Stress has a way of piling up, from little things like your commute and your annoying co-workers to bigger things like your finances and the never-ending news cycle. Unsurprisingly, all of these stressors can affect your mental health.
But repeatedly feeling stressed out can also affect your physical health; it can contribute to heart disease and other health problems, for example. And (surprise!) your sex life is also in jeopardy if your stress goes unmanaged.
“Stress has the potential to impact us physically, emotionally, and relationally,” says Florida psychologist and certified sex therapist Rachel Needle. “Chronic stress can lead to too much cortisol being produced over long periods of time, which can lower libido.”
Here’s how it works. Under stress, your body goes into survival mode, and it reacts by producing more cortisol instead of sex hormones. Cortisol is known as the “stress hormone” because it boosts your body’s response to stress by controlling blood sugar levels, regulating metabolism and reducing inflammation. And sex hormones (estrogen, progesterone, and testosterone) influence sexual desire and functioning.
In other words, when you’re stressed, your body focuses on essential functions rather than non-essential ones (like sex). In addition to libido loss, people who are stressed may also experience anxiety and headaches, and people with vaginas might experience irregular menstrual cycles.
As this plays out over and over again in our sex lives, psychologists believe it conditions our bodies and minds to not be able to perform sexually. And that’s too bad, because sex is actually a great stress reliever.
Fortunately, if you suspect that stress is getting in the way of getting busy, there are ways to tackle the issue:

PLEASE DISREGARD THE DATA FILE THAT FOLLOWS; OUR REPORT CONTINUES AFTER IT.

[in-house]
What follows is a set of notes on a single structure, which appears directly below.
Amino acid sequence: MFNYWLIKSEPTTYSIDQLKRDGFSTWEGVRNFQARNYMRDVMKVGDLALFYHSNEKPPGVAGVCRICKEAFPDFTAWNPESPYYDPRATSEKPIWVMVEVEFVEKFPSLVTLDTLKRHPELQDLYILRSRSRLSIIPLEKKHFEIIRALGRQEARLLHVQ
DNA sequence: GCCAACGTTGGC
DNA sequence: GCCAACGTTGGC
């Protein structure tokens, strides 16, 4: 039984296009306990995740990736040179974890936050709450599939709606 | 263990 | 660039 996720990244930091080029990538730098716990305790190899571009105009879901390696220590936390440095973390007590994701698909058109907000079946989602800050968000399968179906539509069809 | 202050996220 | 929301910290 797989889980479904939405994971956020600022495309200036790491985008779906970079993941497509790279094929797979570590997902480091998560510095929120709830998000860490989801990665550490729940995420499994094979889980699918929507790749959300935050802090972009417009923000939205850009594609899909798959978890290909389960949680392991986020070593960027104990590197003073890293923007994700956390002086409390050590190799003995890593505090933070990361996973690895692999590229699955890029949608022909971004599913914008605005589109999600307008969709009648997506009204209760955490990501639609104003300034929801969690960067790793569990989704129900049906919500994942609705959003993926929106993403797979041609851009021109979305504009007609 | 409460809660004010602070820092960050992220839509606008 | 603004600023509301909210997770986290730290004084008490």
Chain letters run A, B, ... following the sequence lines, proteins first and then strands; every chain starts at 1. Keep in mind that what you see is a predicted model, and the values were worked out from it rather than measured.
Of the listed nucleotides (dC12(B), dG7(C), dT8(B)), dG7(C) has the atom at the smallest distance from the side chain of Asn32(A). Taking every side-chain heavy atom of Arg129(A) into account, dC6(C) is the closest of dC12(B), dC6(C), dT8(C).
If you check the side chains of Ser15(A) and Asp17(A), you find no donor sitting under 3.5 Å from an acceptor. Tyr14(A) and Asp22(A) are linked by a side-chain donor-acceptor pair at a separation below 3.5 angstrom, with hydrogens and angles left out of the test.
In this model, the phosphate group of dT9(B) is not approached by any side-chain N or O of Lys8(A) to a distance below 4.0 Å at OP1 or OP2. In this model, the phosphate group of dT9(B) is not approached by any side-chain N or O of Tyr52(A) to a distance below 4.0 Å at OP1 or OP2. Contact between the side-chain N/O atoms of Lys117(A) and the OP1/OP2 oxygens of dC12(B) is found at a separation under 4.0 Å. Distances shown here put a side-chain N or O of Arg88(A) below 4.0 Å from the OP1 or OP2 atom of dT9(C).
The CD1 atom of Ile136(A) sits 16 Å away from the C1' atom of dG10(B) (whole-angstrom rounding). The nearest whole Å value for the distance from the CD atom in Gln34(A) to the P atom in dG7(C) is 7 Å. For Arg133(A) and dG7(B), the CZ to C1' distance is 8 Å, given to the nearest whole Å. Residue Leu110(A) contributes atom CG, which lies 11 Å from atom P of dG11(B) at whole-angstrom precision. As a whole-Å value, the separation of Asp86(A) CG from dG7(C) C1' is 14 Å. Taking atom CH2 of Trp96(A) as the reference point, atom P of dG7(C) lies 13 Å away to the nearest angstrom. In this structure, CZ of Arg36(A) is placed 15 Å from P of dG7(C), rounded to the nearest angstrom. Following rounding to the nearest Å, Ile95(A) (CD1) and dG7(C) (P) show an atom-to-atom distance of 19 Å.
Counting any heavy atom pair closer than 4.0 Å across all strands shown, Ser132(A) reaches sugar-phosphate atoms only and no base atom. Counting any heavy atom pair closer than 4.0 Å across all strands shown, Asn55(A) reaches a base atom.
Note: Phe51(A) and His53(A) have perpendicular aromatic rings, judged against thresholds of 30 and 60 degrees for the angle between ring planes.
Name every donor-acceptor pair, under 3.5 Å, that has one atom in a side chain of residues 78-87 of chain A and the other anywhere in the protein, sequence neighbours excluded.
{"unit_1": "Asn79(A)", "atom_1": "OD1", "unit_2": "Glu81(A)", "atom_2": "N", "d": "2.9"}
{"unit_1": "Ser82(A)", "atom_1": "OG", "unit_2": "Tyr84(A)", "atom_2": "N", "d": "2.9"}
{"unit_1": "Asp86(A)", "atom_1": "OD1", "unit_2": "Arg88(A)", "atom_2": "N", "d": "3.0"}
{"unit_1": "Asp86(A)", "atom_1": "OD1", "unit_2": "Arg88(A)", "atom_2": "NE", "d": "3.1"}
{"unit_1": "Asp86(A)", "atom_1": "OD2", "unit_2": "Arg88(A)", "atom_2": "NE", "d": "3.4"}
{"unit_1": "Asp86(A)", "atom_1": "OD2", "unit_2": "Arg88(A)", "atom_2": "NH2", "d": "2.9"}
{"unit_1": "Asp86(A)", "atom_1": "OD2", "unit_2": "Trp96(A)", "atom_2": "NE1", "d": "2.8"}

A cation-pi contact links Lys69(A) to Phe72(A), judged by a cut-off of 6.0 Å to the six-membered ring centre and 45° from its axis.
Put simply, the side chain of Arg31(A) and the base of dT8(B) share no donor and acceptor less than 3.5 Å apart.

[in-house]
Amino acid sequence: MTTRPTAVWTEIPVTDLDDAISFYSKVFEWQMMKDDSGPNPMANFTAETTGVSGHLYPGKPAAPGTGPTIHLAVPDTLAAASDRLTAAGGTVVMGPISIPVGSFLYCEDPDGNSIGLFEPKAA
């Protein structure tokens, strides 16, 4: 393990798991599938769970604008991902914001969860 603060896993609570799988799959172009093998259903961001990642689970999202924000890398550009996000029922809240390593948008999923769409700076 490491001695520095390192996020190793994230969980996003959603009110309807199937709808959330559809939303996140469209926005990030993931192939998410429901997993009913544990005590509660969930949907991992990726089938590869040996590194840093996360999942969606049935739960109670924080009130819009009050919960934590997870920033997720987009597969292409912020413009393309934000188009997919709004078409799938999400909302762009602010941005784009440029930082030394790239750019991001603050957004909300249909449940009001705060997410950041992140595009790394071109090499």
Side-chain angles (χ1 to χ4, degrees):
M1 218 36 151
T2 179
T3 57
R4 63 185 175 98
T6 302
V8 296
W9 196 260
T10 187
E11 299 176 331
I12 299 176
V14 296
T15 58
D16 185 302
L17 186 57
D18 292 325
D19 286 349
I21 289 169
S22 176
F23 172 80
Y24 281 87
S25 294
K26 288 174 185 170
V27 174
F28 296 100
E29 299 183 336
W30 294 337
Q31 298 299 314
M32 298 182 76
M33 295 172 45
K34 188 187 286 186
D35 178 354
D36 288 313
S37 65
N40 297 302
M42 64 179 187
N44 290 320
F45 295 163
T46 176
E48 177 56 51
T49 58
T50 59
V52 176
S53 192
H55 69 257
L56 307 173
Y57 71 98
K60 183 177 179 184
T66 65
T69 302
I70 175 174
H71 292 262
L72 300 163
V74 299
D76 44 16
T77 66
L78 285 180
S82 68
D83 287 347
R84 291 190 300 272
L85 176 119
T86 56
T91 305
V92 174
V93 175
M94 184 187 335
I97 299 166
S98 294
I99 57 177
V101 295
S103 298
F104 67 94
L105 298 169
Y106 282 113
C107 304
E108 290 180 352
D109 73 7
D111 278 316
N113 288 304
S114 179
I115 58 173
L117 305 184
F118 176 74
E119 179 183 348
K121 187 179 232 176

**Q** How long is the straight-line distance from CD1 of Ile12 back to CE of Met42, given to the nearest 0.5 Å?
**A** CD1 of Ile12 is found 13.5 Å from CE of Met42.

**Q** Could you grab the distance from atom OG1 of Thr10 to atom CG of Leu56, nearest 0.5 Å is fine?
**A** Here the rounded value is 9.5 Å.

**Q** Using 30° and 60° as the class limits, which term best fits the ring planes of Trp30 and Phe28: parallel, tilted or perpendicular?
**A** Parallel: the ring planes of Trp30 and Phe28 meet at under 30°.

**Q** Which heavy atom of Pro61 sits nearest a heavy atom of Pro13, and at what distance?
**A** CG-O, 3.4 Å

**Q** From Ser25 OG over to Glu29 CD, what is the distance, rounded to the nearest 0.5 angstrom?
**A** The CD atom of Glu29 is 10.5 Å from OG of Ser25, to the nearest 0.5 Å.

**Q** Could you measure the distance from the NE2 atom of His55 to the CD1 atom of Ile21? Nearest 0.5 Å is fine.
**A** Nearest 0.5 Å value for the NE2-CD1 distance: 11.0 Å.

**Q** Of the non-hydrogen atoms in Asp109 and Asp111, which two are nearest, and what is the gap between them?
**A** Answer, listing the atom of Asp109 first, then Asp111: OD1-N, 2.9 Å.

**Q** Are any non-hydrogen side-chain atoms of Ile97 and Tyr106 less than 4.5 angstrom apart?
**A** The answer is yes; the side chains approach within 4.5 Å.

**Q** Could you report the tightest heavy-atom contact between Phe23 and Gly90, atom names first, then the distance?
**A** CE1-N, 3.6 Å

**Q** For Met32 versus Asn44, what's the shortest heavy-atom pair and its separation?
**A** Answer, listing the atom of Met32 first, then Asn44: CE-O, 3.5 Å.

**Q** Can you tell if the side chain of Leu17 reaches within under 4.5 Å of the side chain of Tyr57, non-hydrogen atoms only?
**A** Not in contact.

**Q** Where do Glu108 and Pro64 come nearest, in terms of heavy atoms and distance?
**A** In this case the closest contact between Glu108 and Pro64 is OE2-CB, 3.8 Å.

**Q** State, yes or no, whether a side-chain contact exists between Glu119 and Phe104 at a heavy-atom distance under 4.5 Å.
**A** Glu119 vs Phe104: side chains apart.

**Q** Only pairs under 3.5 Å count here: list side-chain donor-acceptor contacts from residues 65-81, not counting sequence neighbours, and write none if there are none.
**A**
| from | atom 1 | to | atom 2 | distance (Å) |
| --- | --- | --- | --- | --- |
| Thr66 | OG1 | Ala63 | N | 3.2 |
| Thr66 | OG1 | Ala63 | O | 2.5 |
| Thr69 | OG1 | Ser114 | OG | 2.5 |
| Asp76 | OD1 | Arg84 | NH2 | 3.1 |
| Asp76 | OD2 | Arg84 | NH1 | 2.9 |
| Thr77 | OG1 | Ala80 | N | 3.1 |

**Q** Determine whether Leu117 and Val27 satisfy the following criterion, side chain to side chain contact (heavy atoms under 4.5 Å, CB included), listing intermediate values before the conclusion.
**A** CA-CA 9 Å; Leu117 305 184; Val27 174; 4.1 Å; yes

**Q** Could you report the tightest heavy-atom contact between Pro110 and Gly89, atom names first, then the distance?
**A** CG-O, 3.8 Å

1. Talk to your partner.
Perhaps the best thing you can do is to talk honestly and open with your partner. If you’ve been less interested in sex lately, your partner might not understand why and may be feeling rejected or unwanted.
Talking to your partner can go a long way toward avoiding misunderstandings and hurt feelings, and it also presents an opportunity to talk about what might help you get in the mood. (See also: How to get in the mood when you’re not feeling so frisky.)
From dancing to running, pretty much every form of exercise can help reduce stress. According to the Mayo Clinic, physical activity increases the production of endorphins, chemicals in your brain that trigger positive feelings. Endorphins also improve your mood and sleep. So you’ll not only be more likely to be in the mood, but you’ll also be better rested, so you won’t have to skip out on sex to go to bed early.
3. Try other stress relievers.
Experts recommend deep breathing and other relaxation exercises to alleviate stress, improve your mood, and/or reduce anxiety.
4. Seek help from a professional.
You can also try talking to your health care provider or a mental health expert. An expert can offer treatments and strategies to manage stress so that you can enjoy a healthier sex life; but getting help for stress goes far beyond that. It’s important for your mental health and well-being to be able to cope with the daily grind and life events as they occur.
Looking for more ways to destress? Bedsider’s got you covered.